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Constitution of France
The current Constitution of France was adopted on October 4, 1958, and has been amended 17 times, most recently on March 28, 2003. It is typically called the Constitution of the Fifth Republic, and replaced that of the Fourth Republic dating from October 27, 1946. Charles de Gaulle was its main instigator; the constitution was drafted by Michel Debré.
It provides for the election of the President and the Parliament, the selection of the Government, and the powers of each and the relations between them. It ensures judicial authority and creates a High Court of Justice, a Constitutional Council, and an Economic and Social Council. It was designed to create a politically strong President.
It enables the ratification of international treaties and those associated with the European Union. It is unclear whether the wording (especially the reserves of reciprocity) is compatible with European Union law.
The Constitution also sets out methods for its own amendment either by referendum or through a Parliamentary process with Presidential consent. The normal procedure of constitutional amendment is as follows: the amendment must be adopted in identical terms by both houses of Parliament, then must be either adopted by a simple majority in a referendum, either by 3/5 of the congress of both houses of Parliament (article 89). However, president Charles de Gaulle bypassed the legislative procedure in 1962 and directly sent a constitutional amendment to a referendum (article 11), which was adopted. This was highly controversial at the time; however, the Constitutional Council ruled that since a referendum expressed the will of the sovereign people, the amendment was adopted.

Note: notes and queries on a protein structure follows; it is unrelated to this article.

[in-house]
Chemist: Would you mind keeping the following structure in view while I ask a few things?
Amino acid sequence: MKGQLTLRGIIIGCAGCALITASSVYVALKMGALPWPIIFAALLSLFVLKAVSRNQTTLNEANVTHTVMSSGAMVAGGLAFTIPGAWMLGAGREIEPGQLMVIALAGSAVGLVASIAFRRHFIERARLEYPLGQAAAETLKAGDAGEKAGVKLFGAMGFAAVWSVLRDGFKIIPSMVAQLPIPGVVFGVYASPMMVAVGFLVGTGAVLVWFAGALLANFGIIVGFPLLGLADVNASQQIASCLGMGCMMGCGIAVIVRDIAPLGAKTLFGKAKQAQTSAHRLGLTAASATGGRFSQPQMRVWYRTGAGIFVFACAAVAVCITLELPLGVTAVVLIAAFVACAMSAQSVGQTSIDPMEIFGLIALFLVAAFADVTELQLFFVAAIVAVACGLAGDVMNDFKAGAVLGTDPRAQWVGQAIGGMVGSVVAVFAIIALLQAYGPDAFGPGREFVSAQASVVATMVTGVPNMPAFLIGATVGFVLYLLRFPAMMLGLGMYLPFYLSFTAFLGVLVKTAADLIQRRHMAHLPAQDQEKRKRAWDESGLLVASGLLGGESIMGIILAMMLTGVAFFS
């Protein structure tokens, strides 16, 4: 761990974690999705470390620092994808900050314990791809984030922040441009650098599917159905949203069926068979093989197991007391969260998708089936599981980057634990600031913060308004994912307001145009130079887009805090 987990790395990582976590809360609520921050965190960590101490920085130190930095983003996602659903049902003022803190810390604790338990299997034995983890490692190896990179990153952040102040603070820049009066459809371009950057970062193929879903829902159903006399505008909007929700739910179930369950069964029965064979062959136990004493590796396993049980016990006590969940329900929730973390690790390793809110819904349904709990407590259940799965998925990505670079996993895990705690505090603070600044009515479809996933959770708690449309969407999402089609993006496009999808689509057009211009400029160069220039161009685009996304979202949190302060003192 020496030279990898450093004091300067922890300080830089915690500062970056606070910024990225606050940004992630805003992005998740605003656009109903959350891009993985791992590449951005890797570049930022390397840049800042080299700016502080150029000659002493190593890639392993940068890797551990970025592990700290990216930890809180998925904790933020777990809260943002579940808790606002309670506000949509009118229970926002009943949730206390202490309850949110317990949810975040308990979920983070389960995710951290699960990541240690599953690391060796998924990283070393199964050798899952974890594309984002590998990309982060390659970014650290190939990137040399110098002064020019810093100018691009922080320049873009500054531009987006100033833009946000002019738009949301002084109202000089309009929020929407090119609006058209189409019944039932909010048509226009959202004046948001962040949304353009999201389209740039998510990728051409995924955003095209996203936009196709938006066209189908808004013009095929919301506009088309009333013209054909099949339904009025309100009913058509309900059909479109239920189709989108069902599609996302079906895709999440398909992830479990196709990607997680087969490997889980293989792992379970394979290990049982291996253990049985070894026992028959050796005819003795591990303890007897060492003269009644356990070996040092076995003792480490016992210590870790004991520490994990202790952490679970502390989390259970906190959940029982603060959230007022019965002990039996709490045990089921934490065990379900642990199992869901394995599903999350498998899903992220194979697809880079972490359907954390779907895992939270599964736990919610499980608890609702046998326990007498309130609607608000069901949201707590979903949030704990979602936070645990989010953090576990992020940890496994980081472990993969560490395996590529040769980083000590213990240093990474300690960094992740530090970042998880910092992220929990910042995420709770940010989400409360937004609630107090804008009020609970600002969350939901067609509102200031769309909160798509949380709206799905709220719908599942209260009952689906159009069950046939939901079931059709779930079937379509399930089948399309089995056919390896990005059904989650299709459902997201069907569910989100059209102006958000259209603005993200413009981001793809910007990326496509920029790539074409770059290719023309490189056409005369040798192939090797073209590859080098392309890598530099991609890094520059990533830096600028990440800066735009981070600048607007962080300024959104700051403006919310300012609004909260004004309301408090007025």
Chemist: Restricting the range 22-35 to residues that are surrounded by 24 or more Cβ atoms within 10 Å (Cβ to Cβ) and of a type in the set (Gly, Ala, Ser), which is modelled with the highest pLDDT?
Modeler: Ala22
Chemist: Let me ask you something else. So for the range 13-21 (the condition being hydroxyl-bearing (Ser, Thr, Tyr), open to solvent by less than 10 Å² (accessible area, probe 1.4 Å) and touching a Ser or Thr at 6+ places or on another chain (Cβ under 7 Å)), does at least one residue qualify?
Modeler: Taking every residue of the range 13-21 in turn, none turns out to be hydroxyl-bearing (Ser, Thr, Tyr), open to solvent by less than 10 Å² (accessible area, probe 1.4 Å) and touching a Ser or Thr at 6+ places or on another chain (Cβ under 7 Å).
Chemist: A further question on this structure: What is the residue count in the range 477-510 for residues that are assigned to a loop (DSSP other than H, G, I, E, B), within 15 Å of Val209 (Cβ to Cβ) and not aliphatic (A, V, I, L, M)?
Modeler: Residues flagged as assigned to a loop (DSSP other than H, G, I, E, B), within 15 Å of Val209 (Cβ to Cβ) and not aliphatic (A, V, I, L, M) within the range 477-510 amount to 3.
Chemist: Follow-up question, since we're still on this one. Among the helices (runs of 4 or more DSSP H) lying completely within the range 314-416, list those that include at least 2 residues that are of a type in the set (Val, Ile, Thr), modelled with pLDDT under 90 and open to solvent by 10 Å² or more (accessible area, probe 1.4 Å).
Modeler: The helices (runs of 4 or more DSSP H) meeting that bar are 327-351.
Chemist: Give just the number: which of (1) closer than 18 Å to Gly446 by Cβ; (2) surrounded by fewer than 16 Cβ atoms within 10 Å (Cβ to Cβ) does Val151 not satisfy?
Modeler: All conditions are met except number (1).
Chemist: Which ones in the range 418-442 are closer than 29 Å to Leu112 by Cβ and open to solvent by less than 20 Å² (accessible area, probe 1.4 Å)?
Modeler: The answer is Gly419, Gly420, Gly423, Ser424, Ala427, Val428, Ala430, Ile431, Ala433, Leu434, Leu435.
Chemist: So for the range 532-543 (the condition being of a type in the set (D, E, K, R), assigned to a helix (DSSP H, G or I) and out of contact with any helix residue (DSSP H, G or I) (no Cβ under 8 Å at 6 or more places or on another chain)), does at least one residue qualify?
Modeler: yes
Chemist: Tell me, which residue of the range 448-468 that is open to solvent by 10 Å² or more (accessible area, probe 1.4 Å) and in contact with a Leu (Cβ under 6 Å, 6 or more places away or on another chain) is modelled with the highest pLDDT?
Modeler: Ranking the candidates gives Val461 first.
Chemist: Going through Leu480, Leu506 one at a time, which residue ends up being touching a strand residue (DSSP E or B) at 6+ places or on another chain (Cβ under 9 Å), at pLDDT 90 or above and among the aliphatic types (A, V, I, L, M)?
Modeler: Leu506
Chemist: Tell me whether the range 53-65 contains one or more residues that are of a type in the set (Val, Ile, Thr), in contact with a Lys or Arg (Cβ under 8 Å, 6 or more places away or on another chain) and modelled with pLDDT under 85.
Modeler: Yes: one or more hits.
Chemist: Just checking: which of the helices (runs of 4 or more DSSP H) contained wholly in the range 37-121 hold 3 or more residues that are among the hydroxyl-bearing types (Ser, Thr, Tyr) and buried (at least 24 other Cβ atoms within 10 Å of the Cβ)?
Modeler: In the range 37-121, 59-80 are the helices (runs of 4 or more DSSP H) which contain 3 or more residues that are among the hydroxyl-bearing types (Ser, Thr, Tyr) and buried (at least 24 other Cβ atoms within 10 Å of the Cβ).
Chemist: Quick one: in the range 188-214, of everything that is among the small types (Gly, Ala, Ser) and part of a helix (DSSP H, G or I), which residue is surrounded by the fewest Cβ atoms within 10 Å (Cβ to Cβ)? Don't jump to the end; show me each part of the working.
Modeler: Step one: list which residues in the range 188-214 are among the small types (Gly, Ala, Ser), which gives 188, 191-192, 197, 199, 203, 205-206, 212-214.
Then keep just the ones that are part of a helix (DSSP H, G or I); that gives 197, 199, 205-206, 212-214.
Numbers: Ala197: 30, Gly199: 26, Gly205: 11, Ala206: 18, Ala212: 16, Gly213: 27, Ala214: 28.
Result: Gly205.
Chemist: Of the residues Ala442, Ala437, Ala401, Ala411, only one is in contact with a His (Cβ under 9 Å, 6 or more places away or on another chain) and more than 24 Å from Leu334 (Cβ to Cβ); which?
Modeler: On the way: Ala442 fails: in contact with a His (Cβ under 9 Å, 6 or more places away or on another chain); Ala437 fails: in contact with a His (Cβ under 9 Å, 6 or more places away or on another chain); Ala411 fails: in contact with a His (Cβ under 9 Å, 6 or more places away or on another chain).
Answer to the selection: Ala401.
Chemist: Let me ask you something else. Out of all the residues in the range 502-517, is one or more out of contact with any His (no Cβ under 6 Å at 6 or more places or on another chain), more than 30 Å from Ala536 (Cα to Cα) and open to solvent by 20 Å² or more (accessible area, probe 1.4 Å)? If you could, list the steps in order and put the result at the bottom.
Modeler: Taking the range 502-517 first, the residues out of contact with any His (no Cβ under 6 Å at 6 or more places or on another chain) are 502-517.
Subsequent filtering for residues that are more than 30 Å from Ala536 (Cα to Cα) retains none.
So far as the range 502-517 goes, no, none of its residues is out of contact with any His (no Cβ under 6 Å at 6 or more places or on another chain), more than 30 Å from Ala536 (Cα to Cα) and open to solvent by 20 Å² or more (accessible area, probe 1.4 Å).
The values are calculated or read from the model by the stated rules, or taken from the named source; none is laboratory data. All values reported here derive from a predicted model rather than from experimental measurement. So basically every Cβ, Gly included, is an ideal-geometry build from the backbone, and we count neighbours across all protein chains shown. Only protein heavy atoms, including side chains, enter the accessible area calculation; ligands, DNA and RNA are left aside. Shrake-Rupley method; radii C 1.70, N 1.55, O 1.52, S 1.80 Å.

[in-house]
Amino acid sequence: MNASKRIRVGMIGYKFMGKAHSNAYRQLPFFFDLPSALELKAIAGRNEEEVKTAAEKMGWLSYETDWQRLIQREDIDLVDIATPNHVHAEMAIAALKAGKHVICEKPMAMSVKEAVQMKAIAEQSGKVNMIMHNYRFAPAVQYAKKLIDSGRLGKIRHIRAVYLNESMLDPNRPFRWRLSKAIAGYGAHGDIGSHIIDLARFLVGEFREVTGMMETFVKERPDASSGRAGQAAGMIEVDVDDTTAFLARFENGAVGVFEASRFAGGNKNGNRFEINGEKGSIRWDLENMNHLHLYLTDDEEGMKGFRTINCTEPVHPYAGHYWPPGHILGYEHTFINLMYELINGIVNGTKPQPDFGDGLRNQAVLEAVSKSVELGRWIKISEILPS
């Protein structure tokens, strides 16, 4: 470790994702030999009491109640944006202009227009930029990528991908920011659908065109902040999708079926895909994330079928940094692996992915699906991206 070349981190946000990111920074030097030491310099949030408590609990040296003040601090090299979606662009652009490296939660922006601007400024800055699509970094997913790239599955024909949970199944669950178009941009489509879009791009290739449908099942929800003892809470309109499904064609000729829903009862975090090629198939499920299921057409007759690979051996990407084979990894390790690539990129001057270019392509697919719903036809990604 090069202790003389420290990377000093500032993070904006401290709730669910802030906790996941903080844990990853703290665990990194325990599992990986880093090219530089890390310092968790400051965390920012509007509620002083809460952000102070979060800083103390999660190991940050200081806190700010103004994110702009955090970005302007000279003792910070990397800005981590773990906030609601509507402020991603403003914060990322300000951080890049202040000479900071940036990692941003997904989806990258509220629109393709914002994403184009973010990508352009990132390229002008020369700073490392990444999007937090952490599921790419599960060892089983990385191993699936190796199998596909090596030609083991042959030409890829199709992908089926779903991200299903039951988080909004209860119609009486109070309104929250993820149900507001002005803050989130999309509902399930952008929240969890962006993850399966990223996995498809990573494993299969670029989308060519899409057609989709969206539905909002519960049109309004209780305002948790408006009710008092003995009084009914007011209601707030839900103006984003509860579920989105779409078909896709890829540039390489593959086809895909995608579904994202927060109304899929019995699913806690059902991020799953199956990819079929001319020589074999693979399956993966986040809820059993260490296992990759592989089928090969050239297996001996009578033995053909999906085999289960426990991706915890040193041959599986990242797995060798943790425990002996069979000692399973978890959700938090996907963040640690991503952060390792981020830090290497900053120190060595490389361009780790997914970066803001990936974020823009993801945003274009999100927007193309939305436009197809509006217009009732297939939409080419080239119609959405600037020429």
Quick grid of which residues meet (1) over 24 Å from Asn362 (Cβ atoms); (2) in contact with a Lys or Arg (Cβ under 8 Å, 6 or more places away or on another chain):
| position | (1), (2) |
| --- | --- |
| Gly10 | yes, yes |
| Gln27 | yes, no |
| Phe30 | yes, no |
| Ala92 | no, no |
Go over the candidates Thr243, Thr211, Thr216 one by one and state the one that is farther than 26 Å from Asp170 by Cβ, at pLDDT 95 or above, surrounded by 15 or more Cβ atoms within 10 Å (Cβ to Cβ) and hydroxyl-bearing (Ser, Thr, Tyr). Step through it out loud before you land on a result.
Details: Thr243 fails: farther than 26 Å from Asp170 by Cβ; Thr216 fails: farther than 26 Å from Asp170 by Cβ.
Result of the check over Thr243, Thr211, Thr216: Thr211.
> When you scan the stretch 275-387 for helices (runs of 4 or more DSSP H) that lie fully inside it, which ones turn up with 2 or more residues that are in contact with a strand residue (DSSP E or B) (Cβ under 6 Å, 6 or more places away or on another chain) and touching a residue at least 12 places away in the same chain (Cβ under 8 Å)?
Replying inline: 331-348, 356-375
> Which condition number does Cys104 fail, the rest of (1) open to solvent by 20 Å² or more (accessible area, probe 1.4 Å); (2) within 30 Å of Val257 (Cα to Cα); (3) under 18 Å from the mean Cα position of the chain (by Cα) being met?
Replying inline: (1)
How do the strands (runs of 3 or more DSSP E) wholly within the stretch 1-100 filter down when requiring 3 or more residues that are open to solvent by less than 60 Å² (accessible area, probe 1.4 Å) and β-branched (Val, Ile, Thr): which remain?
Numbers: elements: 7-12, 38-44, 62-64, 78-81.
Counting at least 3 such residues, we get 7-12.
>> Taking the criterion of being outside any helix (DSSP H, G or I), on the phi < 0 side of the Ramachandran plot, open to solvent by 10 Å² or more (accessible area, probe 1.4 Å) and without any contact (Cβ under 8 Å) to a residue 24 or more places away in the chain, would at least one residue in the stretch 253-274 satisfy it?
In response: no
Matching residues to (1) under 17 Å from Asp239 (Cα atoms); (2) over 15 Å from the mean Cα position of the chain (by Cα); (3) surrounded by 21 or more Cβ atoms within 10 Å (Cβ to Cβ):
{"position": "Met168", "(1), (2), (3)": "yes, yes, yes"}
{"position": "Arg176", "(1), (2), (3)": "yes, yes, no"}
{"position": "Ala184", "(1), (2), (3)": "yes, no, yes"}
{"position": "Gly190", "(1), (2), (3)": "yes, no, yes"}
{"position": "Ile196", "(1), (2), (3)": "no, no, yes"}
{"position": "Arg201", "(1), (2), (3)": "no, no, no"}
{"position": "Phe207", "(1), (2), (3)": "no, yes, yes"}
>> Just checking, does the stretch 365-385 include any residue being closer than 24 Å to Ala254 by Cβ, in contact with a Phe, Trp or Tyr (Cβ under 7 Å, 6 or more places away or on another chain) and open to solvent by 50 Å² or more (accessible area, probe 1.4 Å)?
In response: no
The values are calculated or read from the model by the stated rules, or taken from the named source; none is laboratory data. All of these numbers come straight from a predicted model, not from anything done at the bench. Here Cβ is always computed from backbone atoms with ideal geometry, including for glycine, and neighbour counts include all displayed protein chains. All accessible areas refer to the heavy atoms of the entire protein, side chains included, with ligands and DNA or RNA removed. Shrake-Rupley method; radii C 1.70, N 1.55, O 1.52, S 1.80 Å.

France has had numerous past constitutions.
- The ancien régime was an absolute monarchy and lacked a formal constitution; the régime essentially relied on custom.
- The Revolutionary Era saw a number of constitutions:
- A liberal monarchical constitution was adopted October 6, 1789 and accepted by the king on July 14, 1790.
- The Constitution of 1791 or Constitution of September 3, 1791 established a limited monarchy and the Legislative Assembly.
- The Constitution of 1793 or Constitution of June 24, 1793 (Fr. Acte constitutionnel du 24 juin 1793), or Montagnard Constitution (Fr. Constitution montagnarde) was ratified, but never applied, due to the suspension of all ordinary legality October 10, 1793 (French First Republic)
- The Constitution of 1795, Constitution of August 22, 1795, Constitution of the Year III, or Constitution of 5 Fructidor established the Directory.
- The Constitution of the Year VIII, adopted December 24, 1799, established the Consulate.
- The Constitution of the Year X established a revised Consulate, with Napoleon as First Consul for Life.
- The Constitution of the Year XII established the First French Empire.
- Following the restoration of the Monarchy
- The Charter adopted on June 4, 1814 reestablished the Monarchy
- The additional act to the Constitutions of the Empire during the Hundred Days, April 23, 1815 (brief return of Napoleon to power)
- The Charter adopted on August 14, 1830 ("July Monarchy")
- 19th century
- The constitution of the Second French Republic, November 4, 1848
- The constitution of the French Second Empire , January 14, 1852
- The constitution of the French Third Republic, February 24 and 25, and July 16, 1875
- (Vichy France, regarded as an illegal and criminal regime, had no formal constitution.)
- The constitutional law of November 2, 1945 – post-WWII provisional government
- The constitution of the French Fourth Republic, October 27, 1946
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